As in any other industry, healthcare experts and pundits follow trends from year to year to make predictions about the future. Factors they consider include changes in government regulations, innovation and new inventions, changing social ideals, population trends, and more. In this post, we look at five healthcare trends in 2019 that directly impact Medicare beneficiaries.
1. Medicare Advantage Enrollment Continues Expanding
In 2018, Medicare Advantage enrollment topped 20 million. According to the Kaiser Family Foundation (KFF), enrollment in Medicare Advantage (MA) plans has grown every year since 2005. In fact, enrollment more than doubled in the past 10 years. Experts expect MA enrollment to double again by 2025.
So, why is this happening? There are a few reasons. One is the fact that the baby boomer generation’s median age is nearly 65. As a result, for the first time in our history, Americans over the age of 65 will soon outnumber those under age 18. Sheer numbers alone make it more likely MA plan enrollment will keep expanding.
The second big contributing factor is the more robust benefits being offered by most Medicare Advantage plans. Beneficiaries flock to plans offering coverage for dental, vision, hearing, prescriptions, and more. There’s also the fact that younger beneficiaries are more familiar – and therefore more comfortable – with private healthcare plans than previous generations were.
Insurers are taking notice, with many offering more and more benefits to entice Medicare recipients. And they definitely aren’t losing out on the deal if their record high stock returns are any indication. As long as those returns keep growing, expect MA enrollment growth to continue as well.
2. The Growth of Value-Based Care
With a charge led by the Centers for Medicare and Medicaid Services (CMS), the advancement of value-based care is making its way through Congress. Introduced in July of 2018, the bill is known as the RUSH Act (Reducing Unnecessary Senior Hospitalizations).
In a value-based system, providers are incentivized to do what’s best for the patient. You’d expect this to already be the case, and we aren’t saying that doctors don’t act in their patients’ best interests. However, the current system pays according to the number of procedures performed, which led to countless reports of unnecessary tests and diagnostics. Experts expect value-based healthcare to improve care results, reduce hospitalizations, and lower costs by billions of dollars.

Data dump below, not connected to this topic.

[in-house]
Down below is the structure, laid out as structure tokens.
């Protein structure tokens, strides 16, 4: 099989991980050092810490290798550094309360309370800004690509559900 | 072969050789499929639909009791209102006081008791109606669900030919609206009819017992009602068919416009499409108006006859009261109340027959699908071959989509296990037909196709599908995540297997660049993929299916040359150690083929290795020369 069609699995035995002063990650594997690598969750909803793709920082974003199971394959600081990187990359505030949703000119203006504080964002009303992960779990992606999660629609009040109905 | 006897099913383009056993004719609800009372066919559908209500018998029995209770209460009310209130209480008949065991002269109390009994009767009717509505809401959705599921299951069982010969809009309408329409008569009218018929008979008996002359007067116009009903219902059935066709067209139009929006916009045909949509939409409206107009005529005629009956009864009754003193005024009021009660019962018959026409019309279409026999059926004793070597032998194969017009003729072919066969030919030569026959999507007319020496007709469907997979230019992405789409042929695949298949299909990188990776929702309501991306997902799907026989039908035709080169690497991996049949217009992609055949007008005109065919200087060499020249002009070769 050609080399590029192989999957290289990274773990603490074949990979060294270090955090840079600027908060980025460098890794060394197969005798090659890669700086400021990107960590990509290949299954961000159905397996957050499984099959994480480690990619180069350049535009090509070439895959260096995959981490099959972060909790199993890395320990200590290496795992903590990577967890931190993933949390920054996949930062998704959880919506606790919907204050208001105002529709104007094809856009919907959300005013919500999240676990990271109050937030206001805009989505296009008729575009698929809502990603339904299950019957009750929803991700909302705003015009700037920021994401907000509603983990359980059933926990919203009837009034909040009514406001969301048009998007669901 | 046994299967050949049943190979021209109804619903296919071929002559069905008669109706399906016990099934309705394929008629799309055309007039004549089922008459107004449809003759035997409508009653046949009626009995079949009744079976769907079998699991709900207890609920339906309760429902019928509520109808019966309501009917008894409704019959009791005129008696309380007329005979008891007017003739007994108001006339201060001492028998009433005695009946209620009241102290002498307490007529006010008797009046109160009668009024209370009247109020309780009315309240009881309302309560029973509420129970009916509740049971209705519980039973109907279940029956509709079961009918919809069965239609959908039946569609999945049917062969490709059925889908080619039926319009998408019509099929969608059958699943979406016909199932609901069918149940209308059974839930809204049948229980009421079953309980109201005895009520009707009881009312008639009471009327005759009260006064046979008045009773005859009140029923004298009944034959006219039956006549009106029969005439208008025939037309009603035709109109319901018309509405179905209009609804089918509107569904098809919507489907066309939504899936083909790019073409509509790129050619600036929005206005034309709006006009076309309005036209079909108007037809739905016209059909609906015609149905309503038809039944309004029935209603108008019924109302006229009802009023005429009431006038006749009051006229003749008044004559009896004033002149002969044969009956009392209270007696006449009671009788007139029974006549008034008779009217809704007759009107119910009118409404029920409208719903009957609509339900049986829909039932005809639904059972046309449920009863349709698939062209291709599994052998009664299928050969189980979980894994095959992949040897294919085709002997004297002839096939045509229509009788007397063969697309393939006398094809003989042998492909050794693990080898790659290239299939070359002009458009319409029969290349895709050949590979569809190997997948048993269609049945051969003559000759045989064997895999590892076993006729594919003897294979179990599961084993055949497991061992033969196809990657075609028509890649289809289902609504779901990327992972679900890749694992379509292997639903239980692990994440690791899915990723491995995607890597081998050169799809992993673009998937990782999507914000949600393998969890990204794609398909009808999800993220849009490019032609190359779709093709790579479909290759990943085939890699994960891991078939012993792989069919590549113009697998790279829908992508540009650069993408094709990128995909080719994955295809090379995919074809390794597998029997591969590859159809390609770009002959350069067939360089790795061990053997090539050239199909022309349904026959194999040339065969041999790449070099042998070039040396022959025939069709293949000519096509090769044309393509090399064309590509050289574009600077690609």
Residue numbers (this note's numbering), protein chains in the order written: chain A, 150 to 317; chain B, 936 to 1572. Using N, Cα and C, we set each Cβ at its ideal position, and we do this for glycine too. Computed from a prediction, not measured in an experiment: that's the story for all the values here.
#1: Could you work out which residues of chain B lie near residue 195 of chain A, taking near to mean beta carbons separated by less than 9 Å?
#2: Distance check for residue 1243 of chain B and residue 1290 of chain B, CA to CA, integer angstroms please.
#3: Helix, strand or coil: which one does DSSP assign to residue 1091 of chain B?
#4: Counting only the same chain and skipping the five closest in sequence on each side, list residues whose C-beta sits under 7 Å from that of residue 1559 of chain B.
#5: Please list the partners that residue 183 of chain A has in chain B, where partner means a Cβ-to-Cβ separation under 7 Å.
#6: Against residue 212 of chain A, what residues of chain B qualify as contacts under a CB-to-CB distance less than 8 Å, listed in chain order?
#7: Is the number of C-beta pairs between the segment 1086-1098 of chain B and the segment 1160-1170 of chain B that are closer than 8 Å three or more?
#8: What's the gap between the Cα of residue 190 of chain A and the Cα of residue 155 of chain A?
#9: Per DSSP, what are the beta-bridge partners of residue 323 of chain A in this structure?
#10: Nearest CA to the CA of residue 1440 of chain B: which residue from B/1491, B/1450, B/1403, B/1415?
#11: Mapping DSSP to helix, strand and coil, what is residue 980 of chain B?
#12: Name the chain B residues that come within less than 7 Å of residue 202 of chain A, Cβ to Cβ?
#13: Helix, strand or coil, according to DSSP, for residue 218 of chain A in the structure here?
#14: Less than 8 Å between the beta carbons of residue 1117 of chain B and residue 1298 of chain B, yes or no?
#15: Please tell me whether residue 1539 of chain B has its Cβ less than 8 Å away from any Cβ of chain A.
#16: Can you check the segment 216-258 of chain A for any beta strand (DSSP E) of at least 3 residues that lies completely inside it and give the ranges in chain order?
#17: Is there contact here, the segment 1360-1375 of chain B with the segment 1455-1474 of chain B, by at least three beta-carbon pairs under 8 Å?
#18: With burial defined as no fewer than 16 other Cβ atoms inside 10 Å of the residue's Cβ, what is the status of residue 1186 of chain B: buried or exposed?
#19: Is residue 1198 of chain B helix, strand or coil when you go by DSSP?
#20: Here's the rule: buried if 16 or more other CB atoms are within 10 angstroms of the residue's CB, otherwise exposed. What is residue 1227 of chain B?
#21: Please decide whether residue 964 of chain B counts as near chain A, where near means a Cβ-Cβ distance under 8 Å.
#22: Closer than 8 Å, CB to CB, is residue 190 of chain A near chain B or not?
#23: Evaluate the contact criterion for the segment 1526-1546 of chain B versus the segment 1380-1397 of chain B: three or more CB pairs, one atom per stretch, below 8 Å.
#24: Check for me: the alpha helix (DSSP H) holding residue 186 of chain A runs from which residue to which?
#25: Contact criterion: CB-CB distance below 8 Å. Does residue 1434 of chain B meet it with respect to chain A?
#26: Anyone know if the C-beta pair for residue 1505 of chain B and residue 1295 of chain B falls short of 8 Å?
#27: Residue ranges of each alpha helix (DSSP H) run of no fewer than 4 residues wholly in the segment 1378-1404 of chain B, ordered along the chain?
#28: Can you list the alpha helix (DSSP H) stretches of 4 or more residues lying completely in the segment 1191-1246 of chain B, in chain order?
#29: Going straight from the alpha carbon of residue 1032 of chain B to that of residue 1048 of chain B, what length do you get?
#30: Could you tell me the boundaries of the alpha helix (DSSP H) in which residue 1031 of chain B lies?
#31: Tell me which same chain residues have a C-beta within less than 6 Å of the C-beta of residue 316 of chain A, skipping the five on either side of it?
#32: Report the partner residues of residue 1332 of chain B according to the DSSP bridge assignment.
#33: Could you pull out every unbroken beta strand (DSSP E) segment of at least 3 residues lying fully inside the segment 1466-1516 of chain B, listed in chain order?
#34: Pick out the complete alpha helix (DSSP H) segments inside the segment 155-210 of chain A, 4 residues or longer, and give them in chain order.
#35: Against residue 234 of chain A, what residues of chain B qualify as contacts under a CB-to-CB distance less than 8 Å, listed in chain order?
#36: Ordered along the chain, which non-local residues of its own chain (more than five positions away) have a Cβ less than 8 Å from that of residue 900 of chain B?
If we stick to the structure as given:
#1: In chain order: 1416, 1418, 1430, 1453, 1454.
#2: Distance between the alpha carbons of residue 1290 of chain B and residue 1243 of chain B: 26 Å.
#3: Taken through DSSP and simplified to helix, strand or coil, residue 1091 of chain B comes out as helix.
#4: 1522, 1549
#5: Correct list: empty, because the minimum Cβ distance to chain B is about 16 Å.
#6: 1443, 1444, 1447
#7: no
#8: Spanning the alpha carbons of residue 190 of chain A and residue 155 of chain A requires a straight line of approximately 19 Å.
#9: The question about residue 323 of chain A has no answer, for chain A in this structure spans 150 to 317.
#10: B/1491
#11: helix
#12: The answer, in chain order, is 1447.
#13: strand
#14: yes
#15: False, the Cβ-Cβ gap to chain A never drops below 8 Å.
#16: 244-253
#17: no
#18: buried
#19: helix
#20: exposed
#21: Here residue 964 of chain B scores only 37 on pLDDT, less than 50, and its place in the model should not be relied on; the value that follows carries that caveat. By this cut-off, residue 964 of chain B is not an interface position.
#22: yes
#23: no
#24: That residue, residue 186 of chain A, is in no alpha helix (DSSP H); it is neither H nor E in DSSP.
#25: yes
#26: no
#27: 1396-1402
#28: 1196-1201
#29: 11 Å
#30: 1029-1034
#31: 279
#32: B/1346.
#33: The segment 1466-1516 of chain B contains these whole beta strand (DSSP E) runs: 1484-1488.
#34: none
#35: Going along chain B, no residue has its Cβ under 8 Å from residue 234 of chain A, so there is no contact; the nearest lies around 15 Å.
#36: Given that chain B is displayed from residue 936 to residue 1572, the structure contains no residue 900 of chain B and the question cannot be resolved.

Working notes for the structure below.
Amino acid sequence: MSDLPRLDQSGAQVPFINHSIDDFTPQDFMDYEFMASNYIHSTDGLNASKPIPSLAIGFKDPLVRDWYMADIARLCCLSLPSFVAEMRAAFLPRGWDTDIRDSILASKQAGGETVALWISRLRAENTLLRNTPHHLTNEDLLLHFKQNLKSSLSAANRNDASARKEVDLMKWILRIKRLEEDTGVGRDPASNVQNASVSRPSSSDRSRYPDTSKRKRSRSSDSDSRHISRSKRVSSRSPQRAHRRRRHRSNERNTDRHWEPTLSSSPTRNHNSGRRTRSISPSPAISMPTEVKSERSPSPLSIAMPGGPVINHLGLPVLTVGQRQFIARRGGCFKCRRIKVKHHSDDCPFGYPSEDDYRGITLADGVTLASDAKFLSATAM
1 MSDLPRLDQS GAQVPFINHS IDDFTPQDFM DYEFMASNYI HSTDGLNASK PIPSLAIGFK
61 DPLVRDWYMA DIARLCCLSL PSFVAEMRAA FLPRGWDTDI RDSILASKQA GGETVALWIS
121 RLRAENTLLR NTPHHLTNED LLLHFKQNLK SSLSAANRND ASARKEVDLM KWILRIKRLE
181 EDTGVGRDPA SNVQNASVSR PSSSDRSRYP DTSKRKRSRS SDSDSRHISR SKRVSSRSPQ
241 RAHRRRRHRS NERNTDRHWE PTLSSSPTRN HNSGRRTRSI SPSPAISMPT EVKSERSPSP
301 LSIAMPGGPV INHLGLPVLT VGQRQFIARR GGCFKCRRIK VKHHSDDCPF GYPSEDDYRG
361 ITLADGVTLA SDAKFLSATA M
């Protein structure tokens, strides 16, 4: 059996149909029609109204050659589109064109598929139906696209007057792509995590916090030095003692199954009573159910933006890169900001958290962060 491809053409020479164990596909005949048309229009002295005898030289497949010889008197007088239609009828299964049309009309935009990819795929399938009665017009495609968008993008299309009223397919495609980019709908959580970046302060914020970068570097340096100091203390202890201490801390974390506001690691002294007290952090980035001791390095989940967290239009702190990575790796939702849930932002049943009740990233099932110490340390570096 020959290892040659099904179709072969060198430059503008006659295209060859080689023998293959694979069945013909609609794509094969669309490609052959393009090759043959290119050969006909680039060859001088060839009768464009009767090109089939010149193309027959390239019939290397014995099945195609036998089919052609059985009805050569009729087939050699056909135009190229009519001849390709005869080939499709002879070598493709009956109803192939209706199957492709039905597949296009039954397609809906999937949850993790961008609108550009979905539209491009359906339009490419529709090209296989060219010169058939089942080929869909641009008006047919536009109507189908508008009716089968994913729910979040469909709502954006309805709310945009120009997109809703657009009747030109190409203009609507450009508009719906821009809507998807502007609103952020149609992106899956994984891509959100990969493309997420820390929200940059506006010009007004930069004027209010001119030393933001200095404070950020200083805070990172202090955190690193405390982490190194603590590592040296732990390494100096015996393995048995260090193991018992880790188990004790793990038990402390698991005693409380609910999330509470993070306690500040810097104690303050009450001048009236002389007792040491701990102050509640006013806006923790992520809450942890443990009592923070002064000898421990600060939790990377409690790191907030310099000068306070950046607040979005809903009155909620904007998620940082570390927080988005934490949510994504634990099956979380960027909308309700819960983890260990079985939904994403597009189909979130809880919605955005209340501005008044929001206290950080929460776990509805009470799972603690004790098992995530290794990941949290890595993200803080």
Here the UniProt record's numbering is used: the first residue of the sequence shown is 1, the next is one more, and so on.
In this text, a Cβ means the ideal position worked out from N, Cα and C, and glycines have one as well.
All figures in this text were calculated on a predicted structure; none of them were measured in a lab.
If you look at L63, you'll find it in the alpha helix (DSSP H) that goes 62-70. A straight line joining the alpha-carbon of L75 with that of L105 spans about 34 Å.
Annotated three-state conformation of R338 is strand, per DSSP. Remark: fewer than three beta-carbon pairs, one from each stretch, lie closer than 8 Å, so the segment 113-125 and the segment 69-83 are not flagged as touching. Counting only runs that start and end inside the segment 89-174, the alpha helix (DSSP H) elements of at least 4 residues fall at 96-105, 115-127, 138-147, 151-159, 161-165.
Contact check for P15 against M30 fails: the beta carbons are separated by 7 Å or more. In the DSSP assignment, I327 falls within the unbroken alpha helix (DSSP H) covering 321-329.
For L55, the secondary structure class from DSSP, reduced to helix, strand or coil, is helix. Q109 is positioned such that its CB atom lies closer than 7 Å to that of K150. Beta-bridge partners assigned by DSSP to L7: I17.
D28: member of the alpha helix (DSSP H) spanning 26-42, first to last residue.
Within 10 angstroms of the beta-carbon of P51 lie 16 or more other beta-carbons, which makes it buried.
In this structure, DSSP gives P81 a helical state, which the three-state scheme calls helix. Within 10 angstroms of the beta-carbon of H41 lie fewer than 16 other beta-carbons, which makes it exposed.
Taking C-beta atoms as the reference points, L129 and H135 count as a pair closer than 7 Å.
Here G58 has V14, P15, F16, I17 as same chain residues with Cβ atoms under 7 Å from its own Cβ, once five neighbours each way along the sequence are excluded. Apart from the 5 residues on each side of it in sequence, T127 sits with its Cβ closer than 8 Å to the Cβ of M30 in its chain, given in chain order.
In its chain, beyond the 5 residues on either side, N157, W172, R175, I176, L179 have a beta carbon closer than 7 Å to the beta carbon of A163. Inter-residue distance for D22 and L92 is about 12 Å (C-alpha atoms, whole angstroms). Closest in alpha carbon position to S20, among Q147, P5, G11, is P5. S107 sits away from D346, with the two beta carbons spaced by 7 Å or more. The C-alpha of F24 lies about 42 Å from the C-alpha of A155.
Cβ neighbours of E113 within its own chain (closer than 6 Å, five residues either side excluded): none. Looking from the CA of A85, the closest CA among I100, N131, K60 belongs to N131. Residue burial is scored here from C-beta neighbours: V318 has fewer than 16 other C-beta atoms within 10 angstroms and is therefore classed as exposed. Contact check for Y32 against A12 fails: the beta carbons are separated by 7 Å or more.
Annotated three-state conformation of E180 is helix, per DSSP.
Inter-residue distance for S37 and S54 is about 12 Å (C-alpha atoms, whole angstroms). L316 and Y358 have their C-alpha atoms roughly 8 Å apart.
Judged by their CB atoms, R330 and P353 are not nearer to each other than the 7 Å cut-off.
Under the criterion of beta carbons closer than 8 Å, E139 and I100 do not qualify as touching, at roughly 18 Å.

Although healthcare has traditionally been a partisan issue, pundits believe value-based care has what it takes to earn bipartisan support. One reason is that the 2018 elections saw the greatest voter turnout for a midterm election in over 100 years. And the number one concern according to those voters was healthcare. Combine these statistics and you see why industry experts expect politicians to make value-based care happen.
3. The Hospital Drought Continues
For years, rural America has experienced severe provider shortages, including hospitals closing at an alarming rate. Today, millions of Americans live more than 30 miles from the closest hospital. Even worse, nearly a quarter of rural hospitals are at risk, with some states at risk of losing nearly half of their rural hospitals.
The outlook is bleak. More and more hospitals are now part of enormous conglomerates. Their number one concern is the bottom line. If a hospital isn’t profitable, it has to go. Unfortunately, the farther patients are from a hospital, the lower their survival rates are. As of yet, there is no solution to the hospital desert. When it comes to the provider shortage, however, digital healthcare and telemedicine may be the key.
4. Digital Healthcare and Telemedicine
Healthcare technology has exploded in recent years. And much of it enhances and improves telemedicine (remote doctor visits).
For example, wearable health technology collects data such as blood sugar, heart rate, or blood pressure, sending it to your physician. He or she then uses that data to monitor your condition. That means that, even if you live an hour or more from the nearest doctor, you can still receive regular care from the privacy of your own home. Telemedicine isn’t reserved for those living in rural areas, either. Those who have mobility issues can also take advantage of the technology.
Experts expect 2019 to see the rise of artificial intelligence (AI) in healthcare as well. Potential applications include diagnostic imaging, analytics regarding risk for a variety of conditions, and innovations in drug therapies.
5. Greater Patient Engagement
Closely related to both telemedicine and value-based healthcare, experts expect patient engagement to increase in 2019. This is due in great part to technology, as health-related apps make it easier for patients to monitor their personal health. At the same time, providers and insurers are expected to increase health literacy initiatives and engagement programs.
This has already been happening for a few years now, with many insurers offering incentives to beneficiaries who make healthy lifestyle changes. With evidence that these programs get results, i.e. the patients have better outcomes, expect these programs to expand in 2019.
How Medicare Solutions Can Help
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